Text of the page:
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Rob Boddice

think?’) and a literal investigation into our senses, on three levels. It might ask us to identify the level of, say, pain in a given moment: during a dental procedure, for example. It might ask us to rate or evaluate another sort of sensory experience: how do you feel about the chocolate cake, about the noise levels, about the view? And it is also literally an enquiry into how we feel. What are the mechanisms involved in allowing us to make sense of the world? The conceptual confusion of all this, compounded by the semantic overlap, which conflates the sensory

in The history of emotions

This book attempts to interrogate the literary, artistic and cultural output of early modern England. Following Constance Classen's view that understandings of the senses, and sensory experience itself, are culturally and historically contingent; it explores the culturally specific role of the senses in textual and aesthetic encounters in England. The book follows Joachim-Ernst Berendt's call for 'a democracy of the senses' in preference to the various sensory hierarchies that have often shaped theory and criticism. It argues that the playhouse itself challenged its audiences' reliance on the evidence of their own eyes, teaching early modern playgoers how to see and how to interpret the validity of the visual. The book offers an essay on each of the five senses, beginning and ending with two senses, taste and smell, that are often overlooked in studies of early modern culture. It investigates Robert Herrick's accounts in Hesperides of how the senses function during sexual pleasure and contact. The book also explores sensory experiences, interrogating textual accounts of the senses at night in writings from the English Renaissance. It offers a picture of early modern thought in which sensory encounters are unstable, suggesting ways in which the senses are influenced by the contexts in which they are experienced: at night, in states of sexual excitement, or even when melancholic. The book looks at the works of art themselves and considers the significance of the senses for early modern subjects attending a play, regarding a painting, and reading a printed volume.

Aurélie Griffin

8 Love melancholy and the senses in Mary Wroth’s works Aurélie Griffin In his Anatomy of Melancholy (1621), Robert Burton defines the effects of love on humankind: How it tickles the hearts of mortall men,    Horresco referens, — I am almost afraid to relate, amazed, and ashamed, it hath wrought such stupend and prodigious effects, such foule offences. Love indeed (I may not deny) first united Provinces, built citties, and by a perpetuall generation, makes and preserves mankind, propagates the Church; but if it is rage it is no more Love, but burning lust, a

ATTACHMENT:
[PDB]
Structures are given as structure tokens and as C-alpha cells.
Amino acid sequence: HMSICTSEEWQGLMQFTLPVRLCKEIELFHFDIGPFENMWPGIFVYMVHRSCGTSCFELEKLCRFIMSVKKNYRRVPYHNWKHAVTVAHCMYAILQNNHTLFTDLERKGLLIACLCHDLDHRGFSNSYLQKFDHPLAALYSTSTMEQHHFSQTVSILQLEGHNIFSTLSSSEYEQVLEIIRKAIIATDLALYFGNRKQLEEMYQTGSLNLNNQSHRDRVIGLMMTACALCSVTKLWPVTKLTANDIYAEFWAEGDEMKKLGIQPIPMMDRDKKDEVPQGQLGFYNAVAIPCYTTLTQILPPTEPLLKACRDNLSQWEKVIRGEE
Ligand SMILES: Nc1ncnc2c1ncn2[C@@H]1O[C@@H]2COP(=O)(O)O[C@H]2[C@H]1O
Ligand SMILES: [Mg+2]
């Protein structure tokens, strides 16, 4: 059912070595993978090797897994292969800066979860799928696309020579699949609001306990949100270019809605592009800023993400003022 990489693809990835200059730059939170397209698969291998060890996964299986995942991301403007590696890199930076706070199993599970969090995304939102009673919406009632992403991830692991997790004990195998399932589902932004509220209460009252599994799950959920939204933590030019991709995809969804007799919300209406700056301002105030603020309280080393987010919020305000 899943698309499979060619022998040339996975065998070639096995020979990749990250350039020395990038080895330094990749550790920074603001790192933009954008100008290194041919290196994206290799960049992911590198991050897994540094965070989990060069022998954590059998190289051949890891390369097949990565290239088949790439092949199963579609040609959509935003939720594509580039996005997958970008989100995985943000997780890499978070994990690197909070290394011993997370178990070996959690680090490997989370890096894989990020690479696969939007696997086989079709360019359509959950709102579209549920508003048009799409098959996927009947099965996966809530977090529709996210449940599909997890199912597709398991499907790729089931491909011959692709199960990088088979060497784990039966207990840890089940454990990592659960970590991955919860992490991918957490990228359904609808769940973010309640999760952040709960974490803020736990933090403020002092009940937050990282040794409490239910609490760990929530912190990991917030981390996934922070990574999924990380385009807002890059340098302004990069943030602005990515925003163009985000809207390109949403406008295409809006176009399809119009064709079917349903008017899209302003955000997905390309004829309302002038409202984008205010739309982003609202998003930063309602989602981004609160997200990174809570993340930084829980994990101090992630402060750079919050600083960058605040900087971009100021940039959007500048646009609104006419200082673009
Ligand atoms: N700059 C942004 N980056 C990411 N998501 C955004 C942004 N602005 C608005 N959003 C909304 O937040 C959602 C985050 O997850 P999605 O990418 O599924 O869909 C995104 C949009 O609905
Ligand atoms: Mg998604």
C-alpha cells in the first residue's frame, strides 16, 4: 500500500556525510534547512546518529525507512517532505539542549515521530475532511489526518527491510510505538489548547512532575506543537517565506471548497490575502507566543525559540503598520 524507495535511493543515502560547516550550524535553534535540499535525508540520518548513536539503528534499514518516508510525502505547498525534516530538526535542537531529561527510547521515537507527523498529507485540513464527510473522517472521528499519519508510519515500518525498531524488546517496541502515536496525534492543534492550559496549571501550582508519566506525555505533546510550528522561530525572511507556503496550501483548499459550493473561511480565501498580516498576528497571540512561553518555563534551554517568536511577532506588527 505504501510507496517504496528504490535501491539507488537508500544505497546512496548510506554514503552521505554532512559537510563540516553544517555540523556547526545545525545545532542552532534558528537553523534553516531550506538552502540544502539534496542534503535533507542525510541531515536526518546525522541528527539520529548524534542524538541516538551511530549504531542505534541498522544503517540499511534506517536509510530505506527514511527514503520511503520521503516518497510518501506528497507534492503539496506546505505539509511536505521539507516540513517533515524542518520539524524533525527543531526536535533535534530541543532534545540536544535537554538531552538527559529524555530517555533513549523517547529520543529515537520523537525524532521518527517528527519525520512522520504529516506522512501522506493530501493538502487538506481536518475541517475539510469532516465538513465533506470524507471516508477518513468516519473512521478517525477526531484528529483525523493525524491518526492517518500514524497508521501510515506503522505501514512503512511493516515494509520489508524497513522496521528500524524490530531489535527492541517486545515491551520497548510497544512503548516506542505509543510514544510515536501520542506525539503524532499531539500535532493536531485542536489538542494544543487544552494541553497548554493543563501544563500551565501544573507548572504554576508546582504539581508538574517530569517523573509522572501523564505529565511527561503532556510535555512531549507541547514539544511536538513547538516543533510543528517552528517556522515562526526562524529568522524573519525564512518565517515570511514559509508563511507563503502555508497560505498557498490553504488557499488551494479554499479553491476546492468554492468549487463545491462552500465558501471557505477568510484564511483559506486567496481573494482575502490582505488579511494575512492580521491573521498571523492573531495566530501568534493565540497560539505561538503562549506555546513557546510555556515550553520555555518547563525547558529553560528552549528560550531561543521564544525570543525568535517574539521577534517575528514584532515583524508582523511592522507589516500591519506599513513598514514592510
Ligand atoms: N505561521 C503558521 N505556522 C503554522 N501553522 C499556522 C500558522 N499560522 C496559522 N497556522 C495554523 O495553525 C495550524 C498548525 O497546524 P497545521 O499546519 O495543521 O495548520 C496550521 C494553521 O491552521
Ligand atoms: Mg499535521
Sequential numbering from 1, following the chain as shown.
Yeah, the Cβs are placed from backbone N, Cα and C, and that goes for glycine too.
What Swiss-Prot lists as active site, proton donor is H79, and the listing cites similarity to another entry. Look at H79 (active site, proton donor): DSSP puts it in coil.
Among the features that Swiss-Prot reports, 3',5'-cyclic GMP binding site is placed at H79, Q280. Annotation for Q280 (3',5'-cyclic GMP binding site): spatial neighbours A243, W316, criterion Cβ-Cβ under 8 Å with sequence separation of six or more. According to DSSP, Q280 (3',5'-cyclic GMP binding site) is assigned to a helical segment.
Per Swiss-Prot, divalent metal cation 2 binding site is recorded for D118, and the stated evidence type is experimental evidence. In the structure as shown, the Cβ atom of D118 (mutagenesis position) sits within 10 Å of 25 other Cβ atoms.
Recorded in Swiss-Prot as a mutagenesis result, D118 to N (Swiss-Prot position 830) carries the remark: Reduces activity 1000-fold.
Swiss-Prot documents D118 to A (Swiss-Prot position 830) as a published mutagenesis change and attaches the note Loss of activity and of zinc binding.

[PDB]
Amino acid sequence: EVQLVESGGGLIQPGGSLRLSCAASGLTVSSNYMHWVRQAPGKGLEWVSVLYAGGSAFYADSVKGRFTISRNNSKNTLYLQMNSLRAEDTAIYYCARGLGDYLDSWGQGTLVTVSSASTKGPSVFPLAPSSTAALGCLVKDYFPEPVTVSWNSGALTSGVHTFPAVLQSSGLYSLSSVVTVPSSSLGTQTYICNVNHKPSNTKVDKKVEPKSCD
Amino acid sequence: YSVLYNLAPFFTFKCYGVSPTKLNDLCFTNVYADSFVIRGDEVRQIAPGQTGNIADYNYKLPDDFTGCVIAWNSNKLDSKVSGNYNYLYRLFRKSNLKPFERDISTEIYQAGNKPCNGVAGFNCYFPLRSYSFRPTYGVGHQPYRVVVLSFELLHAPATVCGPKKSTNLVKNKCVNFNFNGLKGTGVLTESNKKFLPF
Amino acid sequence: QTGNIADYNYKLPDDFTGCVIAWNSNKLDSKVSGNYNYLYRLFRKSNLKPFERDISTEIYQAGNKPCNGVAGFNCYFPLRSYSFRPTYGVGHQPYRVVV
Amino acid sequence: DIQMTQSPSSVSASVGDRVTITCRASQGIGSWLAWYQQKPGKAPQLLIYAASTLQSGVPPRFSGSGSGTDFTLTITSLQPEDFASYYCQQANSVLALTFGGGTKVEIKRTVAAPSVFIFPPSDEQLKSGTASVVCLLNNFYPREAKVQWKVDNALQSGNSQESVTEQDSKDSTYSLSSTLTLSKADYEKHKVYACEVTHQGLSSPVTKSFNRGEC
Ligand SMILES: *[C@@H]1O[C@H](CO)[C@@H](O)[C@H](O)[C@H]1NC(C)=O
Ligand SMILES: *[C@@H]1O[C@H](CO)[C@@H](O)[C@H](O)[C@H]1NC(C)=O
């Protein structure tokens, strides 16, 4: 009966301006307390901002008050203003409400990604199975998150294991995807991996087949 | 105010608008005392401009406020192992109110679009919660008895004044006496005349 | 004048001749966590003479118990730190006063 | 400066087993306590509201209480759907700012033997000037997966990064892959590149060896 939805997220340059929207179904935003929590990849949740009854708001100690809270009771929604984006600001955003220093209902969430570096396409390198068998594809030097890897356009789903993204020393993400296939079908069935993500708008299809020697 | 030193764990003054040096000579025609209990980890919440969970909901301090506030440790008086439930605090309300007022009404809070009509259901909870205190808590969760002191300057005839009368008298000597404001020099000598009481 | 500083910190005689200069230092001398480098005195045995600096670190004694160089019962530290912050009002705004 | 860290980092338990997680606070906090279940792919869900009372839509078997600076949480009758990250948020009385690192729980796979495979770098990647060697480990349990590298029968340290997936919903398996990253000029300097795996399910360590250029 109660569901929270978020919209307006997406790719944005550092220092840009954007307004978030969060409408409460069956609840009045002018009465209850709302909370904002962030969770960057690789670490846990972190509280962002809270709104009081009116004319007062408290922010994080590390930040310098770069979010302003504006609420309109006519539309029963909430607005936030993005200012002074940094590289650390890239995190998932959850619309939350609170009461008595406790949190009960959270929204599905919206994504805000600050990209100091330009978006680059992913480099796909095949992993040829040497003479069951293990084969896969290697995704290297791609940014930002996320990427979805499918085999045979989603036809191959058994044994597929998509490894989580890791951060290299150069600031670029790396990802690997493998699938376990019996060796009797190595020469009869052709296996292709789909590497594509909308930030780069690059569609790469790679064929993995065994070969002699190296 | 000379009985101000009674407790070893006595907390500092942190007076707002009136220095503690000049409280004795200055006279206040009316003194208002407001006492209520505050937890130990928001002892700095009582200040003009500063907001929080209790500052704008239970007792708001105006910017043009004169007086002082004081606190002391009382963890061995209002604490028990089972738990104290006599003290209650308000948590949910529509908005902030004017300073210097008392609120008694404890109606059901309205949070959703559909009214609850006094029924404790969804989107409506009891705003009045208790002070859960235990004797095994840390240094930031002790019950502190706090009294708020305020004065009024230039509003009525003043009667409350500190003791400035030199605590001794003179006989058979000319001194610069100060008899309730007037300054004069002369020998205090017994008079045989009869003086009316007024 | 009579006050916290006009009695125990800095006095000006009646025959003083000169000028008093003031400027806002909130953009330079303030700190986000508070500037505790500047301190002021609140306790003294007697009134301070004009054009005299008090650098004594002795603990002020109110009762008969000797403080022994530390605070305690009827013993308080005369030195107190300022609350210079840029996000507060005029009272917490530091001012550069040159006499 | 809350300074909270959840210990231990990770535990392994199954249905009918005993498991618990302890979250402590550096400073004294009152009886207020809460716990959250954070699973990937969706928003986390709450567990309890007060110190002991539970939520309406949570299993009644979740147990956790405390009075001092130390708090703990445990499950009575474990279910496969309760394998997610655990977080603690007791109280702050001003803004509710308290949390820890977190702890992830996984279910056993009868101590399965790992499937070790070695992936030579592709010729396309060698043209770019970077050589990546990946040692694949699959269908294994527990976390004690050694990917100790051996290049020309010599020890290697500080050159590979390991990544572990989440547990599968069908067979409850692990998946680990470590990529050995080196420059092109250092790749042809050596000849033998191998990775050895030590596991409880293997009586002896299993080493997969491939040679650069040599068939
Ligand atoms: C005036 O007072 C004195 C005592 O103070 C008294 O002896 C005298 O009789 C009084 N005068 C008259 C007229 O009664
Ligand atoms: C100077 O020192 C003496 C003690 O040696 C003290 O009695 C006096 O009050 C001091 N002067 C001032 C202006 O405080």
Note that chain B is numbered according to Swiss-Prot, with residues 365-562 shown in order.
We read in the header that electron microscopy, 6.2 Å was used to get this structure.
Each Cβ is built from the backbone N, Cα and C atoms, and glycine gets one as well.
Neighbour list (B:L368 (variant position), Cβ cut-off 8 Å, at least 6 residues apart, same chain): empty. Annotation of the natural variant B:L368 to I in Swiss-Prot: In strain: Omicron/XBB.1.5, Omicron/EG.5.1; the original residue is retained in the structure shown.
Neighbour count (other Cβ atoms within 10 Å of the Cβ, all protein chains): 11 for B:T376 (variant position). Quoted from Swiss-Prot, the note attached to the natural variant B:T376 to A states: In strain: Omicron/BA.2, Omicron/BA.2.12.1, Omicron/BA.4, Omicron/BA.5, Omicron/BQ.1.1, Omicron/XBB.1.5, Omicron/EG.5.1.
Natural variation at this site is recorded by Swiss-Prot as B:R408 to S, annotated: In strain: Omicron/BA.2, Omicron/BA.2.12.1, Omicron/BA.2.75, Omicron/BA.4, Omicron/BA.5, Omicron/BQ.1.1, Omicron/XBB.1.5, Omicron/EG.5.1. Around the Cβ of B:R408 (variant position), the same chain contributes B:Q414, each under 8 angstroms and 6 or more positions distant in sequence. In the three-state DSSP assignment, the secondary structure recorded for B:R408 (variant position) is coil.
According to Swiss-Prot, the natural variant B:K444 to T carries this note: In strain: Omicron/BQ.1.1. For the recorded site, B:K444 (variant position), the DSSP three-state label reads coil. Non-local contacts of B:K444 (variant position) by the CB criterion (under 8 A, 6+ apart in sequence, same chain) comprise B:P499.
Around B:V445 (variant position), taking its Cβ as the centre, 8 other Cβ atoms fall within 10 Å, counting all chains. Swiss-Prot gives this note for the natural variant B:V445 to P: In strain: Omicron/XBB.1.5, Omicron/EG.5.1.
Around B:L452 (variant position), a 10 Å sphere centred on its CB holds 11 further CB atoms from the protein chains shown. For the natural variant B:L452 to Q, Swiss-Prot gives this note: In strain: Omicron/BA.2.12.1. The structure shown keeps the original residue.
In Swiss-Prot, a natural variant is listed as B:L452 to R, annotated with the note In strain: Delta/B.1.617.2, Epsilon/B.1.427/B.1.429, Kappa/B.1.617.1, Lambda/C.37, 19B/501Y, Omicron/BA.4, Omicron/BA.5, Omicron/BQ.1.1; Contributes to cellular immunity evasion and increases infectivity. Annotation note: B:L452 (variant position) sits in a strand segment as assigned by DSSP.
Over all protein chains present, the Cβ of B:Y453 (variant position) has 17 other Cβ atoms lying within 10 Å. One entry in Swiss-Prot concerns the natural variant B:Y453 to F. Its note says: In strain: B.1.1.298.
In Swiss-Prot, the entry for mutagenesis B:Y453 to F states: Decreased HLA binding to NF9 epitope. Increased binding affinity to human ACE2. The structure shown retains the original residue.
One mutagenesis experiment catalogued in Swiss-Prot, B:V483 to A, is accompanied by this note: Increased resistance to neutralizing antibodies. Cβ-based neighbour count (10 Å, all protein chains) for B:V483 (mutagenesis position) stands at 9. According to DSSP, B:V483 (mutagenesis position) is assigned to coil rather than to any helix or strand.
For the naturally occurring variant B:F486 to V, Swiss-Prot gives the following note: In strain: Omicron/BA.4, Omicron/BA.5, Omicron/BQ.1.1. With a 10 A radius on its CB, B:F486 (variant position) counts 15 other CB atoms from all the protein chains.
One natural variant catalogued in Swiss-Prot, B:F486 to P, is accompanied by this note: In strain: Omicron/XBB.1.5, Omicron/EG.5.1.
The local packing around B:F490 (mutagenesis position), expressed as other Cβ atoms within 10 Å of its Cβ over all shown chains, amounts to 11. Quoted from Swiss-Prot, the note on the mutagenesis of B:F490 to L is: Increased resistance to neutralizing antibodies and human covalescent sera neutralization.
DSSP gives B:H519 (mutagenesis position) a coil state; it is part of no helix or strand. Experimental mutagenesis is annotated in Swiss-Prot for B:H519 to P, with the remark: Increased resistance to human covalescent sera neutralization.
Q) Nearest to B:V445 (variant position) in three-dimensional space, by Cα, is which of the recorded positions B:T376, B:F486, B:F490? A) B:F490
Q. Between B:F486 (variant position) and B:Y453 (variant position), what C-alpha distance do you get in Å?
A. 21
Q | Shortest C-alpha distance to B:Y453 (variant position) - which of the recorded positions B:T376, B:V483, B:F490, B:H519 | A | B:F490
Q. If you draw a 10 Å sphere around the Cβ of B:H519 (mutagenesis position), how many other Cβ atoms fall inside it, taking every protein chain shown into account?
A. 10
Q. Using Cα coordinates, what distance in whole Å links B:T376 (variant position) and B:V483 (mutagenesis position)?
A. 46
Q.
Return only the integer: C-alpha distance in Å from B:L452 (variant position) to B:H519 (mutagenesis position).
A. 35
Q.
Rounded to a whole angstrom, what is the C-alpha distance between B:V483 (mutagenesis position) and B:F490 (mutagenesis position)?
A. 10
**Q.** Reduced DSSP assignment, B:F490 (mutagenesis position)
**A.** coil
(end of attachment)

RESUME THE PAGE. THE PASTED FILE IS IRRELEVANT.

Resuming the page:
in The senses in early modern England, 1558–1660
Laurence Lux-Sterritt

7 • What place for the senses in contemplative life? The study of emotions in conventual writings reveals that religious women’s relationship to the body and to physically mediated experiences was complex, and at times paradoxical. The contemplative ideal rejected the physical in favour of the spiritual, it treated the flesh as a burden, a hindrance to religious perfection. Yet nuns remained women of flesh and blood; their religious experience was, by necessity, mediated through the senses. In their daily o ­ ccupations for the pragmatic running of the convent

in English Benedictine nuns in exile in the seventeenth century
Natalie K. Eschenbaum

6 Robert Herrick and the five (or six) senses Natalie K. Eschenbaum When you descend to the lower level of the Art Museum of New South Wales, you are greeted with an intense, pungent, but welcoming aroma. Cinnamon, cardamom and cloves – the same spices that lured English Renaissance traders to India – draw you into a room that houses Ernesto Neto’s installation, Just Like Drops in Time, Nothing.1 Dozens of massive semi-transparent tubes of stocking-like fabric hang from the ceiling, weighted down by hundreds of pounds of ground spices. As Neto’s title prompts

in The senses in early modern England, 1558–1660
The thinking of Regie